What to expect after a diagnosis
Living with lung cancer is not just about managing treatment and side effects—it’s about coping and navigating yourself through an intense time.
Everyone processes their emotions differently.
Some people may…
- dive straight into learning as much as they can about their particular lung cancer
- isolate themselves and not seek support
- go right into protection mode, assuring everyone around them that they’re okay
- start building a practical support network for day-to-day concerns, but not their emotions
- seek guidance from mental health professionals
- seek comfort and insight from their spiritual communities
Some people do all of these. There is no one way to handle the emotions that come with a diagnosis of lung cancer.
All emotions are real and they are valid.
These are your emotions and this is your journey but it can help to know you are not alone in how you are feeling and perhaps even more helpful to know there are truly positive steps you can take to deal with these feelings.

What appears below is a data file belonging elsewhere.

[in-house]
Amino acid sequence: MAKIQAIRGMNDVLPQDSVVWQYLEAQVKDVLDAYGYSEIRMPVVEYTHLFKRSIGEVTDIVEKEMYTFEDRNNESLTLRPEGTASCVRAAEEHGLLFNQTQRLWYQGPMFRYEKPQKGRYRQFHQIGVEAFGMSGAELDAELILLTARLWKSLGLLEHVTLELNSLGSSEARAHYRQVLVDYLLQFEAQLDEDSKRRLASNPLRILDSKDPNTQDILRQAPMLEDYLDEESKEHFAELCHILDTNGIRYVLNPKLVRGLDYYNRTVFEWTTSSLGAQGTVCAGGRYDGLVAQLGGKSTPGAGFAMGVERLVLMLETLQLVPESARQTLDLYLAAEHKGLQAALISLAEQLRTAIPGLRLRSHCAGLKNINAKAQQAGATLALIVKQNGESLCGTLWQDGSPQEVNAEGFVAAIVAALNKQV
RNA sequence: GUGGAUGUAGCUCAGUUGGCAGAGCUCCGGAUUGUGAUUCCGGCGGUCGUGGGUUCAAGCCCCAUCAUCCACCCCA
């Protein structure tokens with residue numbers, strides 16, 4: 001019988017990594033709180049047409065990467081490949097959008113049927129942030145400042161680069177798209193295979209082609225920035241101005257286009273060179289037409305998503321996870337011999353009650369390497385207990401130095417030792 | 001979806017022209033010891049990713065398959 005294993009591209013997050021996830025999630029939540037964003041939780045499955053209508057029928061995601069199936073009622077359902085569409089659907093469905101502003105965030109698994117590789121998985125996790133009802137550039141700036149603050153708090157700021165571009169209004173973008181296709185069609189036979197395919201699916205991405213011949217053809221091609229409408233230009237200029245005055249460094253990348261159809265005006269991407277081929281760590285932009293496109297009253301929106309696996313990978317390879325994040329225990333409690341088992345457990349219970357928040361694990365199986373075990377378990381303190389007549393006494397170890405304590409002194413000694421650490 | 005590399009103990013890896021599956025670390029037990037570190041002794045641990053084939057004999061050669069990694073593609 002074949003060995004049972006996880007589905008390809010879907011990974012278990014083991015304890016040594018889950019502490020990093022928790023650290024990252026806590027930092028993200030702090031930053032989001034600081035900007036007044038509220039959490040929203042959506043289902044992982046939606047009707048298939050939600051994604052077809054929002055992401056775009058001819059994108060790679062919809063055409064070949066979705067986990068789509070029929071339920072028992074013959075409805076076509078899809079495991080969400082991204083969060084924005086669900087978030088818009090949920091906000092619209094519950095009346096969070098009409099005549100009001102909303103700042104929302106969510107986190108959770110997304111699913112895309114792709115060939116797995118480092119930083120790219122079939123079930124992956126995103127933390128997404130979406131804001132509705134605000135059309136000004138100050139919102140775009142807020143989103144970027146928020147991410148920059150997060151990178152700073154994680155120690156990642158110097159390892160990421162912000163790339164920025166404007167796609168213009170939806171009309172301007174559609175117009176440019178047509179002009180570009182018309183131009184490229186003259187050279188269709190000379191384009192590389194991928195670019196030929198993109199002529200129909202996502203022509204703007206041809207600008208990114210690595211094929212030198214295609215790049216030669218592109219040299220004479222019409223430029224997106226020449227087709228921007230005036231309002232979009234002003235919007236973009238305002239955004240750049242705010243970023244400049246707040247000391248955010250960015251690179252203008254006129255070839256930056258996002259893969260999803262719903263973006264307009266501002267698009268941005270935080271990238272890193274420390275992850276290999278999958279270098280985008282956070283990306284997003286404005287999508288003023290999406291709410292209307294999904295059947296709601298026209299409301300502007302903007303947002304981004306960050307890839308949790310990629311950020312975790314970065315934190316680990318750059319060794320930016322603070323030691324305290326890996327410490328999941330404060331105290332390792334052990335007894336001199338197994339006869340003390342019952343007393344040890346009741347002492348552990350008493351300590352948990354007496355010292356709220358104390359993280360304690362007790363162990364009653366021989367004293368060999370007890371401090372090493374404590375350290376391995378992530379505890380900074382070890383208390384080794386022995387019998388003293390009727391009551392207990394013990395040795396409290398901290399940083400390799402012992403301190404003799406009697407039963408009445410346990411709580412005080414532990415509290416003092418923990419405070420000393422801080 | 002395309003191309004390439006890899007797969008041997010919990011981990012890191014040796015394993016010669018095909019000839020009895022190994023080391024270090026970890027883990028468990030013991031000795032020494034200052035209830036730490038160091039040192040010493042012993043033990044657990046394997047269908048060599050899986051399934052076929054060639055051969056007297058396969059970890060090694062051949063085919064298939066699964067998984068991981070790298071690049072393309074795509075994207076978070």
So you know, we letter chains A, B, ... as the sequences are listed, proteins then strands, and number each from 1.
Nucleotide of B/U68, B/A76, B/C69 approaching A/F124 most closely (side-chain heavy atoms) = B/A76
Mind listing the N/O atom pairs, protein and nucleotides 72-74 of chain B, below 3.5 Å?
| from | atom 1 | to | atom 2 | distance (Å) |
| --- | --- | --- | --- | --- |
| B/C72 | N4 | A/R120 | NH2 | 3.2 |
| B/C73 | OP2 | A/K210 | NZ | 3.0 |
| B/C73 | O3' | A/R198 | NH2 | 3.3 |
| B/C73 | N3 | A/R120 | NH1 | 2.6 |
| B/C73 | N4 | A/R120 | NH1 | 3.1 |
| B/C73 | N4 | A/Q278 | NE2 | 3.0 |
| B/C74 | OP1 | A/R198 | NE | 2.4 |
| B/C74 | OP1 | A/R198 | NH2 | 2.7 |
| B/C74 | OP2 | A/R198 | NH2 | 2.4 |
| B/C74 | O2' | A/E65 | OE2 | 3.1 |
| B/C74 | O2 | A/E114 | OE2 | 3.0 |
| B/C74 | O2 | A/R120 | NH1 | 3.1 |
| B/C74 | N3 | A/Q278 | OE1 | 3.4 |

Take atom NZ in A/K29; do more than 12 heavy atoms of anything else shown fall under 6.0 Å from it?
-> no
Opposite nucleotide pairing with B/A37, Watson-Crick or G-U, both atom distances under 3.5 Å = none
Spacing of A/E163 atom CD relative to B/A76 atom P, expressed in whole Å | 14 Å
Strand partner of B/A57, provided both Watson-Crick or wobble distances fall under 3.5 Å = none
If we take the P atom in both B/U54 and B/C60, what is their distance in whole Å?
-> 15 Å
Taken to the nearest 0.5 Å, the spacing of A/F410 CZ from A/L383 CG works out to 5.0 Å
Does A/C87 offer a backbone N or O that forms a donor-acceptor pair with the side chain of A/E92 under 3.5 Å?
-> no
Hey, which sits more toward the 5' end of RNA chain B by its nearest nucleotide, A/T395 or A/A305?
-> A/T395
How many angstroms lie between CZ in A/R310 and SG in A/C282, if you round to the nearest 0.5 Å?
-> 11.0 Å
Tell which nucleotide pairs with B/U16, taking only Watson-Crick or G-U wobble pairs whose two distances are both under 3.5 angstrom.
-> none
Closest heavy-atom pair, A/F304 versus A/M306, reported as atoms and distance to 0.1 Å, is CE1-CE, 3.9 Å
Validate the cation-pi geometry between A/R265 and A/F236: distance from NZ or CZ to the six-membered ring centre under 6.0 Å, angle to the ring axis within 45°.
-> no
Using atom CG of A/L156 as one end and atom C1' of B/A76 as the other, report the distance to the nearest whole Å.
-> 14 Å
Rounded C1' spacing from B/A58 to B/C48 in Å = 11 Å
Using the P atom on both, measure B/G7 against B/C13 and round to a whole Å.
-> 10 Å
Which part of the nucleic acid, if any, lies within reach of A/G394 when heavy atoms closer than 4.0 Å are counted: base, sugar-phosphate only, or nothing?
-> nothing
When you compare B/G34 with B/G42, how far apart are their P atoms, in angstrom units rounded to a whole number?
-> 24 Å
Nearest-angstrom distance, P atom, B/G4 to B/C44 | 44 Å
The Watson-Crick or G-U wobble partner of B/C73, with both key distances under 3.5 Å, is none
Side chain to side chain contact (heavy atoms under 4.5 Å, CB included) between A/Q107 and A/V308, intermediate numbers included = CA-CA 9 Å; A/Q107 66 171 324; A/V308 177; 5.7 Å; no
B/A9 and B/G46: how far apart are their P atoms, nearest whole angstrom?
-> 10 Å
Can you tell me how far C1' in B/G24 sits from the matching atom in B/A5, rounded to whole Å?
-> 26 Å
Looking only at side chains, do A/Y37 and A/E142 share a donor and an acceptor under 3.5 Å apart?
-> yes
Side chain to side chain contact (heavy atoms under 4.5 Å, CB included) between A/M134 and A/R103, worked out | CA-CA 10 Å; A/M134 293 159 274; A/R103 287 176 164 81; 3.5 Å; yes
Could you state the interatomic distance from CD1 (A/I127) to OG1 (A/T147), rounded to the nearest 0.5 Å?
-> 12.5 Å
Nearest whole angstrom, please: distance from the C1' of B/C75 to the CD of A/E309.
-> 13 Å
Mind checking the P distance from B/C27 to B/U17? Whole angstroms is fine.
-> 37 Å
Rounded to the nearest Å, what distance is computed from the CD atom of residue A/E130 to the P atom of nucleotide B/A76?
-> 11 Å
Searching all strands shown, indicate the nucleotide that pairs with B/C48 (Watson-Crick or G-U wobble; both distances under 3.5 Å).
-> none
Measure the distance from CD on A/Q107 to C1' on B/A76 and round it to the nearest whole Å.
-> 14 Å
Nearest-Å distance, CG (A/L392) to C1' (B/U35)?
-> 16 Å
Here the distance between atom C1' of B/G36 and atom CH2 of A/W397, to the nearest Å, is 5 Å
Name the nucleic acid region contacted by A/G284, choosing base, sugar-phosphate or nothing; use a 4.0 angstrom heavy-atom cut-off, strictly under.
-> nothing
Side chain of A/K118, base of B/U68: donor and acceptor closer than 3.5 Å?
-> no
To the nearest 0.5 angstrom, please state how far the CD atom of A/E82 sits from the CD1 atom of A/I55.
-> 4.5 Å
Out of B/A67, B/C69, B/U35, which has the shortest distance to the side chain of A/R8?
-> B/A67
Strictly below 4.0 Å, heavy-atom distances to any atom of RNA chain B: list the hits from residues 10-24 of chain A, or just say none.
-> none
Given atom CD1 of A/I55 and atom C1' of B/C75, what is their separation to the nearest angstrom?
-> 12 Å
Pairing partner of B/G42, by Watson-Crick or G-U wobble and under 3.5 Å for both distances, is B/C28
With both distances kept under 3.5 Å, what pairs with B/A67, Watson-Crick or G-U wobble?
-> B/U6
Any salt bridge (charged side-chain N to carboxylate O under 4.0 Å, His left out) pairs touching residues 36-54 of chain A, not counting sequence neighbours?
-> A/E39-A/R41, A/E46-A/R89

Ways to feel in control
- Learn as much as you can about your type of lung cancer.
- Ask questions, as many as you need to. The answers will help you plan.
- Consider taking a friend or relative with you to help take notes and remember what questions you had.
- Ask if the facility has a lung cancer patient navigator. This is someone who will often be your prime contact with your doctor’s office and will be able to coordinate and help with all aspects of your cancer care.
- Consider the type of support you will need and who you know that may be able to help. If you don’t know of anyone, seek patient navigation from the hospital or trusted online sources such as active chapters of the American Lung Association (ALA) and American Cancer Society (ACS) in your community.
- Make a list of things you “wish everyone could know” about what you are going through and what you need. This list will help you figure out how comfortable you are discussing your cancer and your overall needs, and can bring out the ways you may ask others to support you during this time.
- Stay active, stay engaged. See the wellness section for options and ideas.
Here are some of the most common emotions:
A cancer diagnosis of any kind is a lot to absorb. People need to take the time and space they need to think through issues that are physical, practical, emotional, and even financial.
Communicating about these feelings is the first step in establishing your support network and learning about programs and services that were developed to help you. Whether it’s expressing your emotions to your healthcare team, a social worker or therapist, your closest friend, or to your immediate family, it’s a step towards feeling less overwhelmed and more in control.